Excavated Confederate used or manufactured objects are considered rarities. Such items are hard evidence of what material was actually in use on the field. The location of such discoveries can often give real corroboration to documentary evidence of the issue of a specific type of weapon. While Federal laws prohibiting excavation on Federal property are understandable, the loss of historic objects to natural deterioration is not an acceptable solution. This group of objects [above] is an excellent example of the diversity of Confederate arms and equipment carefully documented and preserved by dedicated relic hunters and preservationists. ~ Professor William C. Davis from The Battlefields of the Civil War, page 250, image from page 134.This is a follow up to my recent post regarding a Smithsonian curator's complimentary comments about relic hunters. With all the negative (and ignorant) comments I've seen on other Civil War blogs about relic hunting, these more thoughtful, objective and honest observations are quite refreshing; particularly since I'm an avid relic hunter and preservationist myself.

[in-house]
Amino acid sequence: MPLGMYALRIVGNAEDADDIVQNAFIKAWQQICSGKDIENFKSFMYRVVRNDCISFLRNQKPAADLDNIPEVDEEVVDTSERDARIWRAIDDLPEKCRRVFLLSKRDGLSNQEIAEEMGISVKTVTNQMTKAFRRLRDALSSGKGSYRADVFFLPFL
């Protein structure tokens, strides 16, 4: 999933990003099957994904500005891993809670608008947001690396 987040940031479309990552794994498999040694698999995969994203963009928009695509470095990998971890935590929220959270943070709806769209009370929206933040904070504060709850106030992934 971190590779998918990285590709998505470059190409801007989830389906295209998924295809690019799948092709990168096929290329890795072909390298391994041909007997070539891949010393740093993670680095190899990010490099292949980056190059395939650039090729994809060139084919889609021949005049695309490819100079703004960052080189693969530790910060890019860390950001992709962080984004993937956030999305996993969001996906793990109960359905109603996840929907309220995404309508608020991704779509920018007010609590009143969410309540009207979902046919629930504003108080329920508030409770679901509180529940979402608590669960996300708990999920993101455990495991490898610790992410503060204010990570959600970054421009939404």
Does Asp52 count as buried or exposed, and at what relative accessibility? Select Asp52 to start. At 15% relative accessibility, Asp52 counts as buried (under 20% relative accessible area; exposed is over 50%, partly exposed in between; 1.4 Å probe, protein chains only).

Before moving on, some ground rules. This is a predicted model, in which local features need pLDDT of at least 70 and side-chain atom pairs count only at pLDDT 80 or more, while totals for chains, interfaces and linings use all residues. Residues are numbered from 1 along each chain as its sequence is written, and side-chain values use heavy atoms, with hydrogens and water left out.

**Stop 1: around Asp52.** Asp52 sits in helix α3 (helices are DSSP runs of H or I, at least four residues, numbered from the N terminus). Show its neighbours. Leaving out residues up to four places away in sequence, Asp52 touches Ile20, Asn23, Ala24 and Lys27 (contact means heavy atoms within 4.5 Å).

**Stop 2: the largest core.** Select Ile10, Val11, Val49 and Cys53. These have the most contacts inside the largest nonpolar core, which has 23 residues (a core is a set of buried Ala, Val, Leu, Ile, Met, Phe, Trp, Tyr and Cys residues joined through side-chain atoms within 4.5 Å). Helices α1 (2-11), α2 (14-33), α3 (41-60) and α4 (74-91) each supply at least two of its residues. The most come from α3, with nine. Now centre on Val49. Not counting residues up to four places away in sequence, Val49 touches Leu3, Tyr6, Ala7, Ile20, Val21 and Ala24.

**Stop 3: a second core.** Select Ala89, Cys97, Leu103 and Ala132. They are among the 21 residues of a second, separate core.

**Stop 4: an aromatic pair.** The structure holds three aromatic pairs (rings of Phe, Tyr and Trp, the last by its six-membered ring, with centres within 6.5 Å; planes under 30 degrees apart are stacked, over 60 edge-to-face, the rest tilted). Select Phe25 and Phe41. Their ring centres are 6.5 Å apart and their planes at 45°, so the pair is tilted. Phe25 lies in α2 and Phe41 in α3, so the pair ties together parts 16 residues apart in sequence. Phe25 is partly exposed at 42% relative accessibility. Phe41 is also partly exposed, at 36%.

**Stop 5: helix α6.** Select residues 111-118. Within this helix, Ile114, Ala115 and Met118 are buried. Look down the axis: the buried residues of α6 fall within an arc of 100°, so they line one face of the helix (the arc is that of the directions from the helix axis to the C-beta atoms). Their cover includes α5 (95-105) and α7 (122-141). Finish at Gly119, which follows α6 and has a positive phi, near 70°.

And, speaking of "Confederate objects", below is one of my more memorable recoveries - a block A Confederate artillerist button recovered here in the Shenandoah Valley, before I preserved it and after:
|Before cleaning and restoration|
|After cleaning and restoration|